Citizens are rapidly adopting new digital devices and new forms of social communication, faster than public institutions. It changes the way their collect information, their modes of participation in society, their forms of citizenship and the way they judge public institutions. Various political and social problems like only partly integrated minorities, persistently unemployed persons, violence against political representatives, home grown terrorism and domestic violence are drawing their attention. Public institutions and political representatives are often heavily criticised. Citizens, stimulated by the new (and old) media, ask for quick solutions.
In the last two decades, public institutions have changed their modes of managing information and have started to exchange information among each other, expecting to be able to deal more effectively with social problems in this way. Nevertheless, public professionals realise that their institutions have lost and are still losing power to enforce widely accepted solutions. Professionals are trained to be more emphatic and responsive. Public goods and services are more and more often provided with the support of and in collaboration with citizens and civic organisations. The use of new digital devices is a key element of this approach. These new forms of governance penetrate deeper into the private lives of individuals and families.
Researchers recognise too that the capacity of public institutions to deal with these kinds of problems by itself is limited and that the new forms of governance have an important digital component. They realise that the new governmental arrangements demand a rethinking of policies, regulations, structures and routines and of dominant concepts like social needs and citizens’ initiatives, deviance and social control, citizenship and nudging, de-professionalization and coproduction of services.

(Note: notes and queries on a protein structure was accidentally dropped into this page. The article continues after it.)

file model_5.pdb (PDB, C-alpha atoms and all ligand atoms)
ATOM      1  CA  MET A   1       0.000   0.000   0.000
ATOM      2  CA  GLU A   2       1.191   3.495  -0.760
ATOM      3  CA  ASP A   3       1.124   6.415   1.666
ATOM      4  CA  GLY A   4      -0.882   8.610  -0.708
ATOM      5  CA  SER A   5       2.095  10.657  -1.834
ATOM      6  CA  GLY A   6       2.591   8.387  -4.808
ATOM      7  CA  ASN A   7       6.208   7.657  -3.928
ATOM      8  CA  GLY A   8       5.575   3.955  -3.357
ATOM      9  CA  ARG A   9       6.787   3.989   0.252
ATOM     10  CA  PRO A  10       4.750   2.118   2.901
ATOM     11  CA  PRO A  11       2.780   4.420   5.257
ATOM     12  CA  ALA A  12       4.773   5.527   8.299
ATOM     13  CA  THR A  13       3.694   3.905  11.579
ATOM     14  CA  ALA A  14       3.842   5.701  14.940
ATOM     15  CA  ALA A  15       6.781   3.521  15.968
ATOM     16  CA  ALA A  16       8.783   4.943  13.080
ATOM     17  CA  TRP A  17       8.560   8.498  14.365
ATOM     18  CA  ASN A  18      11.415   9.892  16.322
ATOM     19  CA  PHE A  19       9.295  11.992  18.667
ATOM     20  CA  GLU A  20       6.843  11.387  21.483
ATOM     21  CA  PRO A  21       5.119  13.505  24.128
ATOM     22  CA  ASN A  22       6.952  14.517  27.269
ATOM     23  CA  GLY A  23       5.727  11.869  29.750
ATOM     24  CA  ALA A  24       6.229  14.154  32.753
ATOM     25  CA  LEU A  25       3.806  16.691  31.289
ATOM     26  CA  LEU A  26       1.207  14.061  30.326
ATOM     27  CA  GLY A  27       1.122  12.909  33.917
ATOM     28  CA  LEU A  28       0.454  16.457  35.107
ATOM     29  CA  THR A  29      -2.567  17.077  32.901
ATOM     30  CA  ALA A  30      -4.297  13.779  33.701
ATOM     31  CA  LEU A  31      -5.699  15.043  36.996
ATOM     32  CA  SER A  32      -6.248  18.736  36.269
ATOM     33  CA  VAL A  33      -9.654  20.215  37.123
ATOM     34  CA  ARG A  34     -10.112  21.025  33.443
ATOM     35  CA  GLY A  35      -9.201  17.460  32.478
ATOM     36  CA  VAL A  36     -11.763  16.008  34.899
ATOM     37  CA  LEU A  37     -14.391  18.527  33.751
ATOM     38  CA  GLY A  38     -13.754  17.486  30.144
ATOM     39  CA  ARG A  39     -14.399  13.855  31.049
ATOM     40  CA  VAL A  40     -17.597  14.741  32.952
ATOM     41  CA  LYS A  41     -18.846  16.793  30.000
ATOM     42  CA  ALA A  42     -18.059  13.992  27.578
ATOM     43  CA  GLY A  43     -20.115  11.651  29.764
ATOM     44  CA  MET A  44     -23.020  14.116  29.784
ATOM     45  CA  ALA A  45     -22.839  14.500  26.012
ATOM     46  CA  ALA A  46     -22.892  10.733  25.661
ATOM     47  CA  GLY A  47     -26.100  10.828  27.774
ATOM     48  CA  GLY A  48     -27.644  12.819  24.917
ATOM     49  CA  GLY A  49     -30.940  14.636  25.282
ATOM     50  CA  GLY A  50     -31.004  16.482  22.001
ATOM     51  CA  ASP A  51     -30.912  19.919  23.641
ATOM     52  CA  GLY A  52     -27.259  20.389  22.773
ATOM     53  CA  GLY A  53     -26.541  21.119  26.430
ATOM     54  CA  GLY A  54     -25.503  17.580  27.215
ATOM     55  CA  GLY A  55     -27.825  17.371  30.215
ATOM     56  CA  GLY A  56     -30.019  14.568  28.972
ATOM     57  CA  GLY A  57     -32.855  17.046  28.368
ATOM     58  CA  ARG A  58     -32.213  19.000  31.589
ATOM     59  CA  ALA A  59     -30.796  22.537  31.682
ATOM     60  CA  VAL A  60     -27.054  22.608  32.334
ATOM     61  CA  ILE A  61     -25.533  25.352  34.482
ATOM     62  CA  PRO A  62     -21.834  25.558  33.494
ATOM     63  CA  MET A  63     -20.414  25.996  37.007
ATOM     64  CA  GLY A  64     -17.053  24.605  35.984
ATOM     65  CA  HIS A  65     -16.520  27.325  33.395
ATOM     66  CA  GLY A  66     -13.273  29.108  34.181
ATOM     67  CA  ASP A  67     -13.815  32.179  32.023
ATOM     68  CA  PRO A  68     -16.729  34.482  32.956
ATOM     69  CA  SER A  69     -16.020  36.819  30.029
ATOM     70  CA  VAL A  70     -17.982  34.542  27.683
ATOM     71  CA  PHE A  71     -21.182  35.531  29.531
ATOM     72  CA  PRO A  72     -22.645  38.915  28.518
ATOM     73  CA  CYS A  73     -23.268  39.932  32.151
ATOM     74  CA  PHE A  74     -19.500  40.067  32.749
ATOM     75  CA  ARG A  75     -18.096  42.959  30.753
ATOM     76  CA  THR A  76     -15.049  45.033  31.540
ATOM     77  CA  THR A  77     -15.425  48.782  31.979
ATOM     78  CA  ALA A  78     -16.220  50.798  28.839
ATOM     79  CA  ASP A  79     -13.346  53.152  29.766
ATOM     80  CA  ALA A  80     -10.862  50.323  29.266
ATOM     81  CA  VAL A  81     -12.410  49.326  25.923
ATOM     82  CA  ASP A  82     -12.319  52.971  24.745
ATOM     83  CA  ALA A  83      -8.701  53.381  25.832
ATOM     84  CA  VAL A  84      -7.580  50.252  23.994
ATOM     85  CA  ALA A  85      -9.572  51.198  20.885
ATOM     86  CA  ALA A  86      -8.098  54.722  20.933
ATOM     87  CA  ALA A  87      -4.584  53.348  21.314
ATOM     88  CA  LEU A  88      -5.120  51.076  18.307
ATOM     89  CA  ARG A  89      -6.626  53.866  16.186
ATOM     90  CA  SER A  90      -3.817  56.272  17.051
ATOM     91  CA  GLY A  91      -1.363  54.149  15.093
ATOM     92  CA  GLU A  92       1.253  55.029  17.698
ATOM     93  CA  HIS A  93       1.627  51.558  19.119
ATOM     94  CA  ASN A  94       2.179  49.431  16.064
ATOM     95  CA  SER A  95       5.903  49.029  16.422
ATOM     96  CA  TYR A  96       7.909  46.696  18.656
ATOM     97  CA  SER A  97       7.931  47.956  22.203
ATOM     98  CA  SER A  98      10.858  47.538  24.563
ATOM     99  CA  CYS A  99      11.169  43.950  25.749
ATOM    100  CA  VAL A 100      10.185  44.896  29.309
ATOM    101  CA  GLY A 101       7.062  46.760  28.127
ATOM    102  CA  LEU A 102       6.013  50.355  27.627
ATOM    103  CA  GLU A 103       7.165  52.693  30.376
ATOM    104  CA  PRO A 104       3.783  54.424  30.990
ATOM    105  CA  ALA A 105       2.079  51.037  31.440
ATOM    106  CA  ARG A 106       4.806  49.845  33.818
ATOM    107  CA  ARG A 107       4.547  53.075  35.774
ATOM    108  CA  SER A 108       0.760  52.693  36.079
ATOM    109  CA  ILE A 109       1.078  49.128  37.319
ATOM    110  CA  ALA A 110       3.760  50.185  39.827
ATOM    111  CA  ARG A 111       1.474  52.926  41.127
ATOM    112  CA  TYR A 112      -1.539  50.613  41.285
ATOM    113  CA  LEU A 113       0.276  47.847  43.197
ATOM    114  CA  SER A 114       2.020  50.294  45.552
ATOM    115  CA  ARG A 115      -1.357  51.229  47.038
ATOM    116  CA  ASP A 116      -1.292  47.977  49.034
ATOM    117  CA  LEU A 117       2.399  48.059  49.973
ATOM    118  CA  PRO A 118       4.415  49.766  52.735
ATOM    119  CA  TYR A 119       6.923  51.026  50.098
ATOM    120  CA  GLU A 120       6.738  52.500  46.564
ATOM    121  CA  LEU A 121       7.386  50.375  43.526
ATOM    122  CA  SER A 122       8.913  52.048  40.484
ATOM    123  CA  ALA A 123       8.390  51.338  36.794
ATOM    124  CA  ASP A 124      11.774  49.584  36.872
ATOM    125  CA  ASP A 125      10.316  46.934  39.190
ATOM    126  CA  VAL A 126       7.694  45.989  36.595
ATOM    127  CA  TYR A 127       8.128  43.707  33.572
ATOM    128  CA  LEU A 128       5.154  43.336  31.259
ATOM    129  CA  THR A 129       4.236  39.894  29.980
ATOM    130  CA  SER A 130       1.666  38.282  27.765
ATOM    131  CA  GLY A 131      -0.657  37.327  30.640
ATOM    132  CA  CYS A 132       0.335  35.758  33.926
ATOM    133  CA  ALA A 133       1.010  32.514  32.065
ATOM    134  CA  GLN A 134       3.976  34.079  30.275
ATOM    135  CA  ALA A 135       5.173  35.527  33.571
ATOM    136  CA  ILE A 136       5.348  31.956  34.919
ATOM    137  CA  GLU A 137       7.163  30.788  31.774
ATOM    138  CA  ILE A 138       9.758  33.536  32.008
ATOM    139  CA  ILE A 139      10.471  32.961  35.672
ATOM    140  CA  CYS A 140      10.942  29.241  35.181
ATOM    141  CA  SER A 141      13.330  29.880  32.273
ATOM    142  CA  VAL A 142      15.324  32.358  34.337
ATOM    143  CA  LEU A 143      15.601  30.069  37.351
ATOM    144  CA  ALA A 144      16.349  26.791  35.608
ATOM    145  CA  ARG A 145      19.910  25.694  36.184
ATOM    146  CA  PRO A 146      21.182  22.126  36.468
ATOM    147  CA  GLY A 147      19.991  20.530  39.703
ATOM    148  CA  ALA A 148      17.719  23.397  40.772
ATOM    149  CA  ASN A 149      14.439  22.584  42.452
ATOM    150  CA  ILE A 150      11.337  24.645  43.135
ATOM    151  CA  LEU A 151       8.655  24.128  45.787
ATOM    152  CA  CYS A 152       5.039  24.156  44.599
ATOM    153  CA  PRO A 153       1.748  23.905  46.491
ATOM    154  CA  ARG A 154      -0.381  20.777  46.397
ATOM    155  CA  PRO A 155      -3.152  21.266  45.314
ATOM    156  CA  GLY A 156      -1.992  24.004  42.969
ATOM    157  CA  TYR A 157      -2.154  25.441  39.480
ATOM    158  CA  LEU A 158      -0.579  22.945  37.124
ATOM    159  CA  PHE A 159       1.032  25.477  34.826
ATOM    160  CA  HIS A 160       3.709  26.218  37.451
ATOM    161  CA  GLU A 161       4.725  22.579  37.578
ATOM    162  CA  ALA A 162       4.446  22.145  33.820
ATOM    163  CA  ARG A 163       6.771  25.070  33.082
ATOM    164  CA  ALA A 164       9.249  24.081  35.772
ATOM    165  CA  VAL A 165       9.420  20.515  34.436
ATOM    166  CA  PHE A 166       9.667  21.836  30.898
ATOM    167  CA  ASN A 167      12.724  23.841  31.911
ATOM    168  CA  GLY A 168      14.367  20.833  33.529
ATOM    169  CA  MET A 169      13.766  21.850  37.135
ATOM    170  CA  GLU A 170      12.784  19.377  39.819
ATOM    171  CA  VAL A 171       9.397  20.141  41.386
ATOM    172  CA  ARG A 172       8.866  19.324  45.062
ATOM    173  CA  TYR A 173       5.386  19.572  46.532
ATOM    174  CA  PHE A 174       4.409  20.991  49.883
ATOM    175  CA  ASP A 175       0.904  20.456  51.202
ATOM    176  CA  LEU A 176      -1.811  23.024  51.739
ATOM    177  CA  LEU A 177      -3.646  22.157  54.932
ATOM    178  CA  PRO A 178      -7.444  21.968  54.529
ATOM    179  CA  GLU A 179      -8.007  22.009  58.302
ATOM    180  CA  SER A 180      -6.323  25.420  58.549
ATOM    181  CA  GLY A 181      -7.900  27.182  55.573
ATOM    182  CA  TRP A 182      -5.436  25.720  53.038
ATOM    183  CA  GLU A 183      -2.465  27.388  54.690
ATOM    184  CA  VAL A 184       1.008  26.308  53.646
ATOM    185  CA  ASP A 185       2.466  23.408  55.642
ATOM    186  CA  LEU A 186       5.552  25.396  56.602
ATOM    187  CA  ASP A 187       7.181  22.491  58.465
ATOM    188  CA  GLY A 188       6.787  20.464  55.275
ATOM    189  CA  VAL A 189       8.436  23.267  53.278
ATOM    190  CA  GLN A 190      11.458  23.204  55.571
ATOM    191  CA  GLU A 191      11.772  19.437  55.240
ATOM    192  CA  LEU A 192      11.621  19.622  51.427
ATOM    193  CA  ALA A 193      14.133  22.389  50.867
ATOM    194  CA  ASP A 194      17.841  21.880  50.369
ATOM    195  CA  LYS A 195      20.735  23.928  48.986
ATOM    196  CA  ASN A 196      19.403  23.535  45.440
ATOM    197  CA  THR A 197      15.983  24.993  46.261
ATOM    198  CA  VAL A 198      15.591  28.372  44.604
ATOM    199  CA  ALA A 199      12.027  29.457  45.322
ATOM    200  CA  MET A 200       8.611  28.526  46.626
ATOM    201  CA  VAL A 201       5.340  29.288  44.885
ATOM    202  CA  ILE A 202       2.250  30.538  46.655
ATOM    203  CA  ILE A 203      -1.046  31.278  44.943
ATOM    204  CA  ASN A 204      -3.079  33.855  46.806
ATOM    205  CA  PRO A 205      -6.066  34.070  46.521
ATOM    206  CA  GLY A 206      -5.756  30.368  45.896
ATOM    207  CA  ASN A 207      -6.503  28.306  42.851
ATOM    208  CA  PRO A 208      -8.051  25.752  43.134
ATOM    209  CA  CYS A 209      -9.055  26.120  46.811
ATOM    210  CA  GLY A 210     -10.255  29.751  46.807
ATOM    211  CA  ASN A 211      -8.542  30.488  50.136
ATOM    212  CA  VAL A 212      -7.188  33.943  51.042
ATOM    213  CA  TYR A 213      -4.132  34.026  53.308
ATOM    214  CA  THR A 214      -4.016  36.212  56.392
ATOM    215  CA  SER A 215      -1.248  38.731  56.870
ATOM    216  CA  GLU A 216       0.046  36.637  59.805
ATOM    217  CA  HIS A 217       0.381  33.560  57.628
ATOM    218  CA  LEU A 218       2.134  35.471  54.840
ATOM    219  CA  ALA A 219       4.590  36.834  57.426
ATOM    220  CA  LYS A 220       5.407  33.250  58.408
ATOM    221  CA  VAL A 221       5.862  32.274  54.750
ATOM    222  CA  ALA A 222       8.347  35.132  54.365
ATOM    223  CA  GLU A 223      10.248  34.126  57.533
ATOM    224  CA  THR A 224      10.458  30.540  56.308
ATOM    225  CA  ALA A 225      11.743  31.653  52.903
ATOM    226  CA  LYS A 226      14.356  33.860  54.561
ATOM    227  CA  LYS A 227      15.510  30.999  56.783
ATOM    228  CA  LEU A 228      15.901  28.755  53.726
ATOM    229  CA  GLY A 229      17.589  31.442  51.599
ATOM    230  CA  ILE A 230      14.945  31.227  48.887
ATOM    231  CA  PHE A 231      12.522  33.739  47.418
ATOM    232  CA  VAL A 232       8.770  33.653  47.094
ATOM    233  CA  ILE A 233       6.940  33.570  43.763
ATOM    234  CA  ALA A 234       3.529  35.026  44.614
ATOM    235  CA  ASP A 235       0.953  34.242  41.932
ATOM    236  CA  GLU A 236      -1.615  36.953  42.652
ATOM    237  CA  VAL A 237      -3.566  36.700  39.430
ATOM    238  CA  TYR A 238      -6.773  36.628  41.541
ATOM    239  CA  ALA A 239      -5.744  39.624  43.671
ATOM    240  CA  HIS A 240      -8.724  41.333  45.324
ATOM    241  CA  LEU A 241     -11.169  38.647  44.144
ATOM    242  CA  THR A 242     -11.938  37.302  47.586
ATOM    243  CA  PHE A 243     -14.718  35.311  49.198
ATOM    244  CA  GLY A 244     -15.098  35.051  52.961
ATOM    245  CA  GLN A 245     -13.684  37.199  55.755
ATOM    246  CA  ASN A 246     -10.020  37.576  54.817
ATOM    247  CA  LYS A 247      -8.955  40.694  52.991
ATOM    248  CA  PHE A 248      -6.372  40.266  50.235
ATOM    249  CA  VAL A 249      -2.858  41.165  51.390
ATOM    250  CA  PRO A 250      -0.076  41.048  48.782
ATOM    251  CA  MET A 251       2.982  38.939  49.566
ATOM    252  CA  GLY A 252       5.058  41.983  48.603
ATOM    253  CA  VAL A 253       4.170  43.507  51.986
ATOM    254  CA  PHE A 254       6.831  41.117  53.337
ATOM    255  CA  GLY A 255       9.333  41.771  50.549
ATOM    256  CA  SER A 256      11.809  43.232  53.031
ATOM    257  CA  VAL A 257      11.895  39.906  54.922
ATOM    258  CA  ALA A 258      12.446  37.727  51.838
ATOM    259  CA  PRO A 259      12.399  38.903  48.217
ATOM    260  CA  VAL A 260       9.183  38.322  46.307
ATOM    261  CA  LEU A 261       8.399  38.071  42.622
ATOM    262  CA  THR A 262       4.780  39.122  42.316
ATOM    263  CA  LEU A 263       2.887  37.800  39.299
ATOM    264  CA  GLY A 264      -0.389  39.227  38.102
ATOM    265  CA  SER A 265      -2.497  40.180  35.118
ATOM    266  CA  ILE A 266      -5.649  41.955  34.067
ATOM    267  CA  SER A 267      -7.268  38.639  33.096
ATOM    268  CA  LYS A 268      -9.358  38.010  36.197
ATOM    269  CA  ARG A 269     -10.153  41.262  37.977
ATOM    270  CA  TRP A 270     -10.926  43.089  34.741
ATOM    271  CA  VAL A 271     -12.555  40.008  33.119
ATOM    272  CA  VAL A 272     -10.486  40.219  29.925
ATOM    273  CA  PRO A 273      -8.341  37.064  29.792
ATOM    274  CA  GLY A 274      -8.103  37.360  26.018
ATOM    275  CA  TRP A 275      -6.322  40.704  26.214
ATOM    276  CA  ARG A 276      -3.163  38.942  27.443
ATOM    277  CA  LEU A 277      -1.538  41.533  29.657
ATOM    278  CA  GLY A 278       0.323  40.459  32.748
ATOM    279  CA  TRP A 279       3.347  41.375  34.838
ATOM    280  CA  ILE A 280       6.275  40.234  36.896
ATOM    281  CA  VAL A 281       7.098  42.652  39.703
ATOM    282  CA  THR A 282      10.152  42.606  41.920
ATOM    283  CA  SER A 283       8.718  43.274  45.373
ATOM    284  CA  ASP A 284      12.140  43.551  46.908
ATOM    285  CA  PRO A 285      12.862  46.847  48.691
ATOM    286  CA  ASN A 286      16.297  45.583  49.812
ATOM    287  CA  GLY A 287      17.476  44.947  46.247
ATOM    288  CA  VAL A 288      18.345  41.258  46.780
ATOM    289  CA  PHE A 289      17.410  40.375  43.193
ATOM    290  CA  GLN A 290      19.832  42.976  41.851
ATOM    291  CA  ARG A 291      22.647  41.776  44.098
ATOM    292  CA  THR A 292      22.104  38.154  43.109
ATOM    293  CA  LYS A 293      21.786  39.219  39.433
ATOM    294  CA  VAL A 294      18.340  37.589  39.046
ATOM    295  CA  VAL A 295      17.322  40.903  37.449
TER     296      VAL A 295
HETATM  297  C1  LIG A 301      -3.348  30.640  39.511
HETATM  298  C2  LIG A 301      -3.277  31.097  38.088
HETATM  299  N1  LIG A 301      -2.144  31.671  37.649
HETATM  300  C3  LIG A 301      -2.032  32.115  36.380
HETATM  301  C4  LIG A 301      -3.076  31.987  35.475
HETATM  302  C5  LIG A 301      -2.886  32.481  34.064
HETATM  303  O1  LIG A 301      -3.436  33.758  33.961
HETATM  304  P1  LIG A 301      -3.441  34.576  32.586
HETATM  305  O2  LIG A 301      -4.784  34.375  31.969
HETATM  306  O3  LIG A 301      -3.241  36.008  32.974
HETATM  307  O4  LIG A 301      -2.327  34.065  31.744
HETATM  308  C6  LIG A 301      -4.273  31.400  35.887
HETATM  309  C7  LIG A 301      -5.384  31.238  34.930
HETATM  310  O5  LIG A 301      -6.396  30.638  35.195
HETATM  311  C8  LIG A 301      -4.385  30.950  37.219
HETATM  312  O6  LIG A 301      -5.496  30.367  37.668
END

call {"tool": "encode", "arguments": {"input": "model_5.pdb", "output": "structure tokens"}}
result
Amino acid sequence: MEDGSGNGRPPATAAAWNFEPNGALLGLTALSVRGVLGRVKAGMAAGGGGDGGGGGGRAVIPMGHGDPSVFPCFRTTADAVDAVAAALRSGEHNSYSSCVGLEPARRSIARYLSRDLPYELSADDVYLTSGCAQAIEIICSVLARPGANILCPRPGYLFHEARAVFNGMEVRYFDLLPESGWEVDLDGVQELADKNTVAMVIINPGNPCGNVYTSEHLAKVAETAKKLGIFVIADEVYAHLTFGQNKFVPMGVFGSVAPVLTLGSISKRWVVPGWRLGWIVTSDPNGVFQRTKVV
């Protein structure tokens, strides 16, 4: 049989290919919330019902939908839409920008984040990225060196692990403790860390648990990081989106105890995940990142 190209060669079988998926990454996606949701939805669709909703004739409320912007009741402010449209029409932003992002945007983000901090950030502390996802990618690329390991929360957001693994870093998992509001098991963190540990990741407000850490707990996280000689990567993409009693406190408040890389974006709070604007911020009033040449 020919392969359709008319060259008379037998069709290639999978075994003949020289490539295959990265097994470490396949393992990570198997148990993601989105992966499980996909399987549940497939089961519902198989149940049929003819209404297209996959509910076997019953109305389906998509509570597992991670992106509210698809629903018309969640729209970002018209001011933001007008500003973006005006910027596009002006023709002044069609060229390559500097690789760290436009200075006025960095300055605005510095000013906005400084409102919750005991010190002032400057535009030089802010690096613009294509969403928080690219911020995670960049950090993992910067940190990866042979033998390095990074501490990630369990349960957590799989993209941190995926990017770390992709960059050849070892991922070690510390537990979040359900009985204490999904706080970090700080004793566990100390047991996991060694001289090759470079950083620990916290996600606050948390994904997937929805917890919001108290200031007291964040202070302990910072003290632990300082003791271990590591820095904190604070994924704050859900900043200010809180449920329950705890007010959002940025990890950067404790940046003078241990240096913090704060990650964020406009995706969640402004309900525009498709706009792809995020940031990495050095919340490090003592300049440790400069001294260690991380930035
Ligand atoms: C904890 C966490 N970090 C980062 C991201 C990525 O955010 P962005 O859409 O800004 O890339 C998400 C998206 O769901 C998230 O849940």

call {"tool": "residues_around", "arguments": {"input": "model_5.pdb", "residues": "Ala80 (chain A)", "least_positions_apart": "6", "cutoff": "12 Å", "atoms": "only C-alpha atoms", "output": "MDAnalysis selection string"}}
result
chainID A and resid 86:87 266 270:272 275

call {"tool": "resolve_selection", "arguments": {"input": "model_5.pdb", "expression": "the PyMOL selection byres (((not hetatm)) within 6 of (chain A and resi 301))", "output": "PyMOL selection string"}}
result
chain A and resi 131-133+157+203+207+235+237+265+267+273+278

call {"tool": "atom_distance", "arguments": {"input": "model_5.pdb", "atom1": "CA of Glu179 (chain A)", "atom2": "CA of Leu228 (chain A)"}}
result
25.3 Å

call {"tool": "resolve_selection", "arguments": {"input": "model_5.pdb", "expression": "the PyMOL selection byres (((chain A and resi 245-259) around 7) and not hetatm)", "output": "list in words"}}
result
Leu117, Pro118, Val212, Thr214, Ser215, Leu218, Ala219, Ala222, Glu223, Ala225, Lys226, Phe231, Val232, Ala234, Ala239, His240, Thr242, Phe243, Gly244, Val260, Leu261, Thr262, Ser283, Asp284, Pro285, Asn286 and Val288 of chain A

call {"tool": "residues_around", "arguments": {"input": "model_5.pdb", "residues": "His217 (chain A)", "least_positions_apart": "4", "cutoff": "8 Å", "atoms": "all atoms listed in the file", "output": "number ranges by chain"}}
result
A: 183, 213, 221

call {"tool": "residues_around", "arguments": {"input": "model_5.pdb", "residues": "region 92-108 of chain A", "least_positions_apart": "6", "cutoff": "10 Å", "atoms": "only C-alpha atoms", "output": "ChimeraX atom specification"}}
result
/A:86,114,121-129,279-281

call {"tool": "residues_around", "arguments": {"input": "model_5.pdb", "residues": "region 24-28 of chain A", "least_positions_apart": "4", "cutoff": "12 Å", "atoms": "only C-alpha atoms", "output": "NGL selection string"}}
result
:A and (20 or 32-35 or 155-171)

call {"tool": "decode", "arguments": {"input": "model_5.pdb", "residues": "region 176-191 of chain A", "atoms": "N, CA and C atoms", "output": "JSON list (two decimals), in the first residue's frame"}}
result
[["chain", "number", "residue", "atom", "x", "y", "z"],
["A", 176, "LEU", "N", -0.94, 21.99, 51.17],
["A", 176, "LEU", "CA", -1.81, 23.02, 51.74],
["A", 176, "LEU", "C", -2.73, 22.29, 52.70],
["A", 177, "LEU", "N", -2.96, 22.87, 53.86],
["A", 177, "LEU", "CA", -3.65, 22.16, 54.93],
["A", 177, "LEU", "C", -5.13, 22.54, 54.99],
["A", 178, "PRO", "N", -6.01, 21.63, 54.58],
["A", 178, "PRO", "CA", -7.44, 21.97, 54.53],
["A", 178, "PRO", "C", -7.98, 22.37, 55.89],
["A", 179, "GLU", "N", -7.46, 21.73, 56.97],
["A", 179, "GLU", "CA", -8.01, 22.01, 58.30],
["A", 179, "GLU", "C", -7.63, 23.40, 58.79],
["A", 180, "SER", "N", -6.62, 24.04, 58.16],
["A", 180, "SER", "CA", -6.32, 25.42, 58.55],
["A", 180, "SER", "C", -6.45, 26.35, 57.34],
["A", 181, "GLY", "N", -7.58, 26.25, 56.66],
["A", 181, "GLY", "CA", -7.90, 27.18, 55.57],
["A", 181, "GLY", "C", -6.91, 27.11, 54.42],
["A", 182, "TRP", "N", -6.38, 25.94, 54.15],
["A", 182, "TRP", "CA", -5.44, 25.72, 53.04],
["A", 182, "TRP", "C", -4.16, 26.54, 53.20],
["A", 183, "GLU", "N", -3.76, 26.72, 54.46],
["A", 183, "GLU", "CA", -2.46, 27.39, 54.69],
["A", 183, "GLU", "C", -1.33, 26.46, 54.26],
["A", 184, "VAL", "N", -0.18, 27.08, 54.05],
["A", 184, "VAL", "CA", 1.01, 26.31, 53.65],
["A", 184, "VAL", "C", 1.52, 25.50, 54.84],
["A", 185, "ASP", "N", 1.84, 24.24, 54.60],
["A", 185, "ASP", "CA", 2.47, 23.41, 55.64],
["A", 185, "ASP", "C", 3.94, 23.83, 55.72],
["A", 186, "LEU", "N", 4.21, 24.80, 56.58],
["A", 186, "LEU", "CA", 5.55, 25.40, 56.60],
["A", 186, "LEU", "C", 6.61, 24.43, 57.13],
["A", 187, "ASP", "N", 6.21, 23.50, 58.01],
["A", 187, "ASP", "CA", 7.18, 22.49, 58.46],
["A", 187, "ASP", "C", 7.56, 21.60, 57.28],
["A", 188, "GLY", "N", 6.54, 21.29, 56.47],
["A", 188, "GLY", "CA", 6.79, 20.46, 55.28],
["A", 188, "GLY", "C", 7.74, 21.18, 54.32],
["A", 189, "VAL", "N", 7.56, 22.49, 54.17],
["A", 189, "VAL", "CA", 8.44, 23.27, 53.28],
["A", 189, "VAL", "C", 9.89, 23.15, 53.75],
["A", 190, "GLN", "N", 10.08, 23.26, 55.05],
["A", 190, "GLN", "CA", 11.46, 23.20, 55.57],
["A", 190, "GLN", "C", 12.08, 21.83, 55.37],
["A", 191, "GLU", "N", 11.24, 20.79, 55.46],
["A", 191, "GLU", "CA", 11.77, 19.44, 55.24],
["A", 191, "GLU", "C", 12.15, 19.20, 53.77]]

In this module we focus on the dynamics of the interactions between public service organizations and citizens in safety. The main question dealt with is:
How can we understand and explain the new digitally mediated modes of co-production between citizens and professionals in street level governance, their impact and their effectiveness?
The module comprises of five integrated parts (comprising 15 ECTS). One of them is a project where students will conduct empirical research about the interactions between citizens and professionals and learn when and how they can successfully cooperate in dealing with important issues in safety.